FRESCOBALDI, GIROLAMO (1583-1644), Italian musical composer, was born in 1583 at Ferrara. Little is known of his life except that he studied music under Alessandro Milleville, and owed his first reputation to his beautiful voice. He was organist at St Peter's in Rome from 1608 to 1628. According to Baini no less than 30,000 people flocked to St Peter's on his first appearance there. On the 20th of November 1628 he went to live in Florence, becoming organist to the duke. From December 1633 to March 1643 he was again organist at St Peter's. But in the last year of his life he was organist in the parish church of San Lorenzo in Monte. He died on the 2nd of March 1644, being buried at Rome in the Church of the Twelve Apostles. Frescobaldi also excelled as a teacher, Frohberger being the most distinguished of his pupils. Frescobaldi's compositions show the consummate art of the early Italian school, and his works for the organ more especially are full of the finest devices of fugal treatment. He also wrote numerous vocal compositions, such as canzone, motets, hymns, etc., a collection of madrigals for five voices (Antwerp, 1608) being among the earliest of his published works.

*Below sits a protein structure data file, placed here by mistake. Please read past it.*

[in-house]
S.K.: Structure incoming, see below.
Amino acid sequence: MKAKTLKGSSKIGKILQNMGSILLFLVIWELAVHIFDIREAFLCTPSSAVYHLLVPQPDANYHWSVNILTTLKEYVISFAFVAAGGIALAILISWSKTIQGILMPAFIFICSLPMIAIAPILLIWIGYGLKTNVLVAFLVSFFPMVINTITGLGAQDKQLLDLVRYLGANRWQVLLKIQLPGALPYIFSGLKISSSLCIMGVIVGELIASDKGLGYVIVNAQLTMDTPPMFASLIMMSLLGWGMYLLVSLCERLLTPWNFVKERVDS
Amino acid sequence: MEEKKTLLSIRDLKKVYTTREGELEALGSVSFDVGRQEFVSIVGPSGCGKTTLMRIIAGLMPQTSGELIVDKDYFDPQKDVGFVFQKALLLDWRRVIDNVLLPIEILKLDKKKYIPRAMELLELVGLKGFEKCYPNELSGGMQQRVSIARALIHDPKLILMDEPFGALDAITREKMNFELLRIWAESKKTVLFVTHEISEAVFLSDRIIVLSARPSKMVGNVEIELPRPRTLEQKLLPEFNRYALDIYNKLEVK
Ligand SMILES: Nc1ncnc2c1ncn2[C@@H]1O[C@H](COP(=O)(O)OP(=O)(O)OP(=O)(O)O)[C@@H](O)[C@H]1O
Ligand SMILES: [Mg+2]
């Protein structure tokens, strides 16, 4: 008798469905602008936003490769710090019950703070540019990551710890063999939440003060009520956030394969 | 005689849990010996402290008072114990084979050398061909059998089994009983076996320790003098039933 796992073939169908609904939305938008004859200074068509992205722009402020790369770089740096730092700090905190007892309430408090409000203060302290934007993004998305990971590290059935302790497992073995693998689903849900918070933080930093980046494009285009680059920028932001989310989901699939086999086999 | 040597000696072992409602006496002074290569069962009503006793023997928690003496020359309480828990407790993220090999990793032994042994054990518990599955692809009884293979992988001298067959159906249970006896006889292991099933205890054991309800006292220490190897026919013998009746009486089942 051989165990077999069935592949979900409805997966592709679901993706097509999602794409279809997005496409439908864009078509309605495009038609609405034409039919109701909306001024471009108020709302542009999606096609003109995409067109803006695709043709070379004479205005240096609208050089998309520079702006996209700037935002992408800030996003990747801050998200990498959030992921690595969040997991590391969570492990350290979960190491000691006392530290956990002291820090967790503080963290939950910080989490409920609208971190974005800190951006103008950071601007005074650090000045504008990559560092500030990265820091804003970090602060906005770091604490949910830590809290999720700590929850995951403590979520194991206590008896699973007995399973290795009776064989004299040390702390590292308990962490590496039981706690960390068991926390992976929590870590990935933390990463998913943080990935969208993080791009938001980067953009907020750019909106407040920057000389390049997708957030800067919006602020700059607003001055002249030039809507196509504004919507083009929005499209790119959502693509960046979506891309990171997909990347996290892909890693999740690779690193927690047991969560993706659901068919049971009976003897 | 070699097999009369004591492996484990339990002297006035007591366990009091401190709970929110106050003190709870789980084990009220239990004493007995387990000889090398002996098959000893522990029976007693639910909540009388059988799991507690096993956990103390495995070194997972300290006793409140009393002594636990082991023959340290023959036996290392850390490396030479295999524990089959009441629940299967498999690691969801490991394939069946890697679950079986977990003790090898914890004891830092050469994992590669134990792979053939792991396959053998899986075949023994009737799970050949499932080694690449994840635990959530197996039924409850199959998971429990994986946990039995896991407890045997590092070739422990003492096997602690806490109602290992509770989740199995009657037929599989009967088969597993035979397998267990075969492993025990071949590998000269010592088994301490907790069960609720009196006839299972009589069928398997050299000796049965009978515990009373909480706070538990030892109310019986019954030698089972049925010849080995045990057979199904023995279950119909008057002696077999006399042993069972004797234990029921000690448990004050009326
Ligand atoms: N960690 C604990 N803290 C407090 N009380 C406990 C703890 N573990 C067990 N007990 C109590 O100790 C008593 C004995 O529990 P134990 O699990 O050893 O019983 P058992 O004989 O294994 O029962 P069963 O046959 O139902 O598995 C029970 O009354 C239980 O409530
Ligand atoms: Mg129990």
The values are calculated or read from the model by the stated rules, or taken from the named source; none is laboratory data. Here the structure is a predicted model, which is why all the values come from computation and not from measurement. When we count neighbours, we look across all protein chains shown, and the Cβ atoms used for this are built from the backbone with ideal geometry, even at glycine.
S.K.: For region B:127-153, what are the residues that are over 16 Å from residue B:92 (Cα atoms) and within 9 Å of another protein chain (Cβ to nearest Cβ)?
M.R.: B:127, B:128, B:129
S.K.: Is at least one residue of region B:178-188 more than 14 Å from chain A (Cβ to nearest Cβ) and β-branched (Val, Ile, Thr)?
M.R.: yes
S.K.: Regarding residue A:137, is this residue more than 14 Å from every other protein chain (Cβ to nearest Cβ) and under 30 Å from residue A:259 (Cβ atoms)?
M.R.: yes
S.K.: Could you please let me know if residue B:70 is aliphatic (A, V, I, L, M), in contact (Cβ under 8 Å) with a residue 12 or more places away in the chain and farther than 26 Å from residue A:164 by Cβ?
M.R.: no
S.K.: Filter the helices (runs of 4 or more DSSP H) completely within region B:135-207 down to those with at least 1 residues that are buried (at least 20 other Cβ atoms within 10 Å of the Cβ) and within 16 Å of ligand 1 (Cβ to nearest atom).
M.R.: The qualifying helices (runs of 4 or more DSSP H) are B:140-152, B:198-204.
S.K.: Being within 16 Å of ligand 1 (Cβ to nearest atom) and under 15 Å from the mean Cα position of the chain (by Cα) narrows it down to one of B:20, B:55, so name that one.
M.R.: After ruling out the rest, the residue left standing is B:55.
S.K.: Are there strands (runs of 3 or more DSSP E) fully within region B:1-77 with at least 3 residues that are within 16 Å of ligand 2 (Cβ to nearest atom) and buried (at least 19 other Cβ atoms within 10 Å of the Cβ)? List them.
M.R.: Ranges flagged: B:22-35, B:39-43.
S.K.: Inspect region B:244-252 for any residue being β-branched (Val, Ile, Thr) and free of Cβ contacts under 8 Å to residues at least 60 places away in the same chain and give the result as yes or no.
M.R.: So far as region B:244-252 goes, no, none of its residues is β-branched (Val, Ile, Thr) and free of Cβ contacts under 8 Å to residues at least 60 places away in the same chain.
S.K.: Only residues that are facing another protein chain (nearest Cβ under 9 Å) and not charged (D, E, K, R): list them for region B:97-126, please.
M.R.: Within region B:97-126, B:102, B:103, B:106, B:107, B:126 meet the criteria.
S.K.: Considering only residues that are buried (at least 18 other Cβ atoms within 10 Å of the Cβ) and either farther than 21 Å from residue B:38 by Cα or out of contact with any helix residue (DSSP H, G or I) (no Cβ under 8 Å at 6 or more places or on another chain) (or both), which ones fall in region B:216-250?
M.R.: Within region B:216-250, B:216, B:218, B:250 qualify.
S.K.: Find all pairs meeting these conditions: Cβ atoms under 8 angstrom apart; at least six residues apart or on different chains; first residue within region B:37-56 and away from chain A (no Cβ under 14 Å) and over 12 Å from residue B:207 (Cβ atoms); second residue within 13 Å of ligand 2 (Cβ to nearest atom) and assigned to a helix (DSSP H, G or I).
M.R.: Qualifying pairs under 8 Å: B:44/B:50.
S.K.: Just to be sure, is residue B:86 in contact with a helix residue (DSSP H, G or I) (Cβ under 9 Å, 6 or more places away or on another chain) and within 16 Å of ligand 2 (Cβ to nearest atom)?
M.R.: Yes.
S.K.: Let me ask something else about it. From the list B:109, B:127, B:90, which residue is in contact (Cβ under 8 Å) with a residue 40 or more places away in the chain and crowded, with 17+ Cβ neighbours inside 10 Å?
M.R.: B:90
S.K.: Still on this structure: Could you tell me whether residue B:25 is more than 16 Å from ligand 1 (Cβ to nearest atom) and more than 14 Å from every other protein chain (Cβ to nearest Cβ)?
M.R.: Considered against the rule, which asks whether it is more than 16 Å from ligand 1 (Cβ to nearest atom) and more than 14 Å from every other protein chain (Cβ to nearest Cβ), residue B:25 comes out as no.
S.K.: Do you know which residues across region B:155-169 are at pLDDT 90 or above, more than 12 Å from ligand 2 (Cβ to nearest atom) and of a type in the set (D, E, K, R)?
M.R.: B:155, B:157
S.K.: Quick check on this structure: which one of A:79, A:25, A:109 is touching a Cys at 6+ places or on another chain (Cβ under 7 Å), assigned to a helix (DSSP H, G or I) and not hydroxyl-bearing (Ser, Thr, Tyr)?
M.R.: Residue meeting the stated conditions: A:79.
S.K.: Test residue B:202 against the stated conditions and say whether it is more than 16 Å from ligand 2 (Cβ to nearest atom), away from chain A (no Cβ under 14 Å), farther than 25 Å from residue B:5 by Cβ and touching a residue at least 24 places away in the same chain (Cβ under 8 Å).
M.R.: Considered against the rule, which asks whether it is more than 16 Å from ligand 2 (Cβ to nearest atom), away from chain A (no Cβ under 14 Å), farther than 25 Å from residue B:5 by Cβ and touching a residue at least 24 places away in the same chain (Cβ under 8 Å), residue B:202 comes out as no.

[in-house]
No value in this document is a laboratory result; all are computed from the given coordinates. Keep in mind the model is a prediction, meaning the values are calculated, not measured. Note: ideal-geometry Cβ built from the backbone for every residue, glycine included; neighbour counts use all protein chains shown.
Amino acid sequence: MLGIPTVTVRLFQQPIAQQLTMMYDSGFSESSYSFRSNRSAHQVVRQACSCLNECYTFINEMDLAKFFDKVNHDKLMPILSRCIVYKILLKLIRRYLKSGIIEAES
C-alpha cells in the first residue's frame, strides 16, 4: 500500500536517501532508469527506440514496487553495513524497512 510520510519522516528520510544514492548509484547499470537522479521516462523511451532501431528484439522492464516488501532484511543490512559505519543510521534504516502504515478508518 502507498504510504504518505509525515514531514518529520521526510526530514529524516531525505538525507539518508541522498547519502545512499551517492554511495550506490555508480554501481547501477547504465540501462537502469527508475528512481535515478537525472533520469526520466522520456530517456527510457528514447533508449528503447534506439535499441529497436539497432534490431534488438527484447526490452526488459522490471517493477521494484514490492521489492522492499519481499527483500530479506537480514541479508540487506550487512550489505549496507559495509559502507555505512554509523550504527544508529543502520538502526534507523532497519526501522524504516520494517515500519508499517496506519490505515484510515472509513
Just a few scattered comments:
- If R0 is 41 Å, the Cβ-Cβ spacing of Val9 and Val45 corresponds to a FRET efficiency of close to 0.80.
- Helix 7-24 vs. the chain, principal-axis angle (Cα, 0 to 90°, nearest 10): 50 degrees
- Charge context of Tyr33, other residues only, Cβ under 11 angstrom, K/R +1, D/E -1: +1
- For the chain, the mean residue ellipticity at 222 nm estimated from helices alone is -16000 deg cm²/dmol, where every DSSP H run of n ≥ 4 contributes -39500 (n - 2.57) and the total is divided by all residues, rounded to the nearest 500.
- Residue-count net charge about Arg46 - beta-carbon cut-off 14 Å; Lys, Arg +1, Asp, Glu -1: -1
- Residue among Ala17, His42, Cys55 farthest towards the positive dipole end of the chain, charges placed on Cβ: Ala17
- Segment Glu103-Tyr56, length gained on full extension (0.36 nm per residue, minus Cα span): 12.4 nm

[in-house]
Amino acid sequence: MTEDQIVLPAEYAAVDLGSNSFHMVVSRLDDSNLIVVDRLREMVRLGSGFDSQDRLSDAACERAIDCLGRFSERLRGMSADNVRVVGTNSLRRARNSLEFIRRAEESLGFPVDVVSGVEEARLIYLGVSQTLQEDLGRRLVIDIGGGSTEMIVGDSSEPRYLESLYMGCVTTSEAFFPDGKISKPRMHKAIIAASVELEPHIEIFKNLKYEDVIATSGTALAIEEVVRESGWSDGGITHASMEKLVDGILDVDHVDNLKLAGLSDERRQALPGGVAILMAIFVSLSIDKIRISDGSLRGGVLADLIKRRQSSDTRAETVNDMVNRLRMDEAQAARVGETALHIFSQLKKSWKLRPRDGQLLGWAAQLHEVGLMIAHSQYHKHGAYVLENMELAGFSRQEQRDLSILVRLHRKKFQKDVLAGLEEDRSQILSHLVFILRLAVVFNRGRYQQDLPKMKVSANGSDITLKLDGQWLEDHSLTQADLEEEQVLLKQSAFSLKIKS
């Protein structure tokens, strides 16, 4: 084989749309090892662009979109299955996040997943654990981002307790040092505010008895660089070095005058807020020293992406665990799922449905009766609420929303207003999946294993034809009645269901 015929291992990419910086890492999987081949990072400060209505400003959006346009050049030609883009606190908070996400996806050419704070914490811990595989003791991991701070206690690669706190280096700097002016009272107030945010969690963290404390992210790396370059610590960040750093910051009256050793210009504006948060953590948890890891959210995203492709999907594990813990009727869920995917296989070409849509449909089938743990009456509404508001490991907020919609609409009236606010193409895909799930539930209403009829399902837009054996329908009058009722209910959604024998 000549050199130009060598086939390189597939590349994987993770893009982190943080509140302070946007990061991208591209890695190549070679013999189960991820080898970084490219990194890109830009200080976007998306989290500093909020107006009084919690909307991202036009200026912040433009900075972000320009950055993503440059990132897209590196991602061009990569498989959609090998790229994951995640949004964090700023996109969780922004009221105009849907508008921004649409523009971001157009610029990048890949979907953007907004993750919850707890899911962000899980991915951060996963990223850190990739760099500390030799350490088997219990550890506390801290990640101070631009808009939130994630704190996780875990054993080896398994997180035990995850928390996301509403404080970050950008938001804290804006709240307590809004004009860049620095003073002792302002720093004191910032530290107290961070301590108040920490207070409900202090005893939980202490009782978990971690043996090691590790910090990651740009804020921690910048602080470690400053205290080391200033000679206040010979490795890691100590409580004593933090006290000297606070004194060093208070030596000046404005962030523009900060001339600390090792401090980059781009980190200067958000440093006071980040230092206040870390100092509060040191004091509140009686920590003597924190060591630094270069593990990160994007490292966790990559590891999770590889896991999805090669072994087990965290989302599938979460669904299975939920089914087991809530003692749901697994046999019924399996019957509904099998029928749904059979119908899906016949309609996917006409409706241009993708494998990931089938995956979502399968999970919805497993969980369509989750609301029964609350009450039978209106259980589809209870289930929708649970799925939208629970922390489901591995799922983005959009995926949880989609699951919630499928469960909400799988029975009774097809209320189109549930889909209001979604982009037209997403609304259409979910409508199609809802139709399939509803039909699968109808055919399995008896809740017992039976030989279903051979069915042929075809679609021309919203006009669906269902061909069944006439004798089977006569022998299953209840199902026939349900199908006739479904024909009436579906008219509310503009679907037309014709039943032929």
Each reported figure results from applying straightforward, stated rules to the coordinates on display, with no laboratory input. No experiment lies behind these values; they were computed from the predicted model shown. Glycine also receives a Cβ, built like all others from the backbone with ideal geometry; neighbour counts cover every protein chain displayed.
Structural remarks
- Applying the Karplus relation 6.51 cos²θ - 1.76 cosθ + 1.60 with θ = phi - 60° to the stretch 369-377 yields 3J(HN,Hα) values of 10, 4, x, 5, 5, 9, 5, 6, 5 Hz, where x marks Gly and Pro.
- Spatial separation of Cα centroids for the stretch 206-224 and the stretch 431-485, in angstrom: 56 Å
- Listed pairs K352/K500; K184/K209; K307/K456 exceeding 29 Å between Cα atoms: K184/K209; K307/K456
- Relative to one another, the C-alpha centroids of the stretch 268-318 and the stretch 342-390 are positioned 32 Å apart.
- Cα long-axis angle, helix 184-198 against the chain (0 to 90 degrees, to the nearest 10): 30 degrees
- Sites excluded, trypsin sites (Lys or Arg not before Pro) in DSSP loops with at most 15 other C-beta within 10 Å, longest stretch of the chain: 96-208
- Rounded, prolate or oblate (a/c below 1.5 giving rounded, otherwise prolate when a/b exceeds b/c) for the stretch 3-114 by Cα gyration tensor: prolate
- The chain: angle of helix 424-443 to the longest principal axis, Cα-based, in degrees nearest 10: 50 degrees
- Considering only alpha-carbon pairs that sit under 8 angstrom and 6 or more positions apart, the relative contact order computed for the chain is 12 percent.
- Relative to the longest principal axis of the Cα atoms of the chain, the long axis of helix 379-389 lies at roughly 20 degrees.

Note - this article incorporates content from Encyclopaedia Britannica, Eleventh Edition, (1910-1911)